4. Bake. Bake on a baking sheet lined with a silpat mat or parchment paper for 12 to 15 minutes, until the edges just barely start to turn golden. Cool completely before decorating with royal icing or frosting.
A rolling pin on top of sugar cookie dough.
  • Use cold butter. These sugar cookies start with the slightly unorthodox approach of beating the butter and sugar together while the butter is still cold. As long as you are using a stand mixer and cut the butter into chunks, this works really well and results in a better cookie texture than creaming softened butter together with the sugar.
  • Don't overmix the flour.
    Once the dough starts to come together, it will be thick and similar to the texture of play-doh.
  • Chill the dough. It helps the butter re-harden in the cut-out cookies before baking so that they don't spread as much. Sugar cookie recipes that do not require chilling the dough tend to be heavier on the flour, resulting in a cookie with a texture that is slightly more crumbly and not as light as this one.
  • Let the dough warm a bit before rolling out. I find that leaving the chilled dough out on the counter for just 10 minutes before attempting to roll it out makes a big difference in how easy it is to roll these out evenly.
  • Use the right tools. I have one sugar cookie specific tool that I HIGHLY recommend if you like making sugar cookies (besides fun cookie cutters, of course). It's a Joseph Joseph rolling pin (affiliate link) with adjustable rings that go on each end of the rolling pin (affiliate link) to help you roll out your sugar cookie dough to an exact thickness, depending on which ring you are using. It's a game changer in getting consistent results in thickness and reliable baking times and worth the investment, in my opinion.
  • Cut shapes close together. Once the dough is rolled out to your desired thickness, go ahead and cut out shapes with your favorite cookie cutters. Try to cut them close together to maximize the number of cookies you get before you have to squash the rest of the dough together and reroll.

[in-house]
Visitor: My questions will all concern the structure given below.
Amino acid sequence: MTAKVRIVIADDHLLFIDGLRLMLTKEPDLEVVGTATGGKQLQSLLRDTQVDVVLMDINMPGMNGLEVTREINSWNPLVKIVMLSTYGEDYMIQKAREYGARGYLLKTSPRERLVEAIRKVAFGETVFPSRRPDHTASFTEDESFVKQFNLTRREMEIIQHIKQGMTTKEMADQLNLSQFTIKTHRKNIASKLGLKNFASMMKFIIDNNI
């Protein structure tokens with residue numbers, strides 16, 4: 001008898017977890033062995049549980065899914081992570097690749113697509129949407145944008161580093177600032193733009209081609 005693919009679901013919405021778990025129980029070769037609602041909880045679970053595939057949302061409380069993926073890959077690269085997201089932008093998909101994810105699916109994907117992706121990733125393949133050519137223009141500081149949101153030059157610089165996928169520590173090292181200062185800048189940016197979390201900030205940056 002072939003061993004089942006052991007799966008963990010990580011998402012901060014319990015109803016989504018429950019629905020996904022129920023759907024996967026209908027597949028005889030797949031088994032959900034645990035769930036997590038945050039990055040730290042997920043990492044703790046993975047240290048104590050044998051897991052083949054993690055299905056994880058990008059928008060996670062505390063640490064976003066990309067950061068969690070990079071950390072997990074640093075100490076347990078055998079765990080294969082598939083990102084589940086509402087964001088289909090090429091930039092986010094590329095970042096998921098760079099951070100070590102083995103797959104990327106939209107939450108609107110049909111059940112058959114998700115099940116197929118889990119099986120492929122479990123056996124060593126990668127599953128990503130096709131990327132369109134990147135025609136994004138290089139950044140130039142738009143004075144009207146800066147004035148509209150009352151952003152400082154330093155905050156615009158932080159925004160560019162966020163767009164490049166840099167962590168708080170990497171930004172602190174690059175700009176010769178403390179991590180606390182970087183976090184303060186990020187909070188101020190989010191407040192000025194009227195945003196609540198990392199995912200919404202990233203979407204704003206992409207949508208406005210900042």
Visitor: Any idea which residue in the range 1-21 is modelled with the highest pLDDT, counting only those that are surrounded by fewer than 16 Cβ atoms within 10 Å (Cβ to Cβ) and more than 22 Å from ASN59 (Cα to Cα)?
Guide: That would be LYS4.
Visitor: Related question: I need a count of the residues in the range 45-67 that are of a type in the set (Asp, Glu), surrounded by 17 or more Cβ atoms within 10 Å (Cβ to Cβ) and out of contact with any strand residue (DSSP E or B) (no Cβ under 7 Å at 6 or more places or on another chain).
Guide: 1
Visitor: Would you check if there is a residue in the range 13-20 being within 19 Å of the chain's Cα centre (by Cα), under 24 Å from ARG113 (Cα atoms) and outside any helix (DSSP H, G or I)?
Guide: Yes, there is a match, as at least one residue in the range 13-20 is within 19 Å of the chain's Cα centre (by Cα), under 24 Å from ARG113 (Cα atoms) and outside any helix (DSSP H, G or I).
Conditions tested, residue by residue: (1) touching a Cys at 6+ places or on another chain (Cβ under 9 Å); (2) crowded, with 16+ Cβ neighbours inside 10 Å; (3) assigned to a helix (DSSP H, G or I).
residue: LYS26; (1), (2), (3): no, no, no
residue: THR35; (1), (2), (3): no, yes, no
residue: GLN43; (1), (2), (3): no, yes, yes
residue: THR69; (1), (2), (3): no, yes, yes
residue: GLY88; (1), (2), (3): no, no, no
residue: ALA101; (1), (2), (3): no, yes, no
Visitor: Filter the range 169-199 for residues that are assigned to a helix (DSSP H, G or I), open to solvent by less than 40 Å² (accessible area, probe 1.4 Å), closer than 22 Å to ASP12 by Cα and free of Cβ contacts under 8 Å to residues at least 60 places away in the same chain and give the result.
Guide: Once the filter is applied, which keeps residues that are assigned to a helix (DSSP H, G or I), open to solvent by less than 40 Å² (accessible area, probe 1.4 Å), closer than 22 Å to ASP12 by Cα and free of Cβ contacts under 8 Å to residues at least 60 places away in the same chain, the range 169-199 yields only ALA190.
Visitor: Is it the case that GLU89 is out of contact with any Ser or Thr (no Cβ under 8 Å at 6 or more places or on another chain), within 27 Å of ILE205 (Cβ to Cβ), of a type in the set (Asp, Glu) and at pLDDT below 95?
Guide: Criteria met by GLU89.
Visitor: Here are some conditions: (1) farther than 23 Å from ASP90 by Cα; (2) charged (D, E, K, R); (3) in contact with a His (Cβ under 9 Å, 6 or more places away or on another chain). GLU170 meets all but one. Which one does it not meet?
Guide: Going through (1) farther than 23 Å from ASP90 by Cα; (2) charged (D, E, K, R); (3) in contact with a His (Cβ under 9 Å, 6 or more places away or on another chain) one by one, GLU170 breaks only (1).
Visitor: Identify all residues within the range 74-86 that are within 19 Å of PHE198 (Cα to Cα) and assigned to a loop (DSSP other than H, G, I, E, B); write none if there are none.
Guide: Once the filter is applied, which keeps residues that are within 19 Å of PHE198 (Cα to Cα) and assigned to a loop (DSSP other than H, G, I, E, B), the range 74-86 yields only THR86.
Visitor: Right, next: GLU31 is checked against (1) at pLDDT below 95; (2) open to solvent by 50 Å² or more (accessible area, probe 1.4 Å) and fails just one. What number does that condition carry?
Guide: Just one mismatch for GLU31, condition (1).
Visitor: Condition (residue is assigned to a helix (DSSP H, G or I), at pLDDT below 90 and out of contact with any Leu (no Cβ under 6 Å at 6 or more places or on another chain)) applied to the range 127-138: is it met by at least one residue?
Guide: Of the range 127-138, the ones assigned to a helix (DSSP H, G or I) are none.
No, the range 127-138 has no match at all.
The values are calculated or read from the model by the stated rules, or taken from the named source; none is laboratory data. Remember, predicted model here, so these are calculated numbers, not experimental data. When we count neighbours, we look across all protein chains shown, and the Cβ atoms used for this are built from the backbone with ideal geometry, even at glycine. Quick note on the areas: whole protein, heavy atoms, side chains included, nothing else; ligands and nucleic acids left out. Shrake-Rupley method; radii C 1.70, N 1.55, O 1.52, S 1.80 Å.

• ¼-inch thick is my preference, but you can make these super thick sugar cookies if that's what you like.  I made a couple of batches where I rolled the dough out ⅜-inch thick and they were certainly yummy. But in side-by-side taste testing of different thicknesses, we found that the sugar cookies rolled out ¼-inch thick have a better mouth feel and icing to cookie ratio. Thicker cookies tend to be even softer and need to be baked an extra minute or two longer than the ¼-inch ones.
  • The key is to rolling out the dough is to let the chilled dough sit out on the counter for 10 minutes, then rolling it on a lightly floured surface using light pressure on the rolling pin.
  • Don't be afraid to use flour to keep the dough from sticking either to the surface you are rolling it on or to the rolling pin itself.
  • The secret to soft sugar cookies is slightly underbaking each batch.  You do not want to overbake these cookies unless you are intentionally going for crispy sugar cookies. Size will factor in to how long to bake, as well as the thickness you choose to roll your cookies out at. Mine typically are done right around the 12 minute mark, but I make large, ¼-inch cookies. ⅜-inch cookies might take closer to 15 minutes. Small cookies might be done in the 9-11 minute range. The key is for them to look “set” because often, these won't even brown around the edges (although the bottoms of the cookies will be lightly golden when lifted off the baking sheet).
  • Both the dough and the finished cookies freeze well.  If freezing the dough, transfer it to the fridge the night before you want to roll them out, then let the dough sit out on the counter for 30 minutes before rolling it the next day.
  • Use a silicone baking sheet or parchment paper on your pans so that the cookies don't stick.
  • Frost with royal icing or buttercream. Or just press the unbaked cookies in sprinkles before baking.
  • You can flavor the dough with a little almond extract or lemon zest, and I included amounts in the recipe notes. In my recipe testing, I experimented with each and liked them both (in fact, I was still on the fence between lemon and ended up photographing the batch with lemon zest, which you might notice in these photos), but when it came right down to it, I prefer the classic taste of a simple straightforward vanilla sugar cookie. If I really want a lemon sugar cookies, these double lemon glazed cookies are my favorite.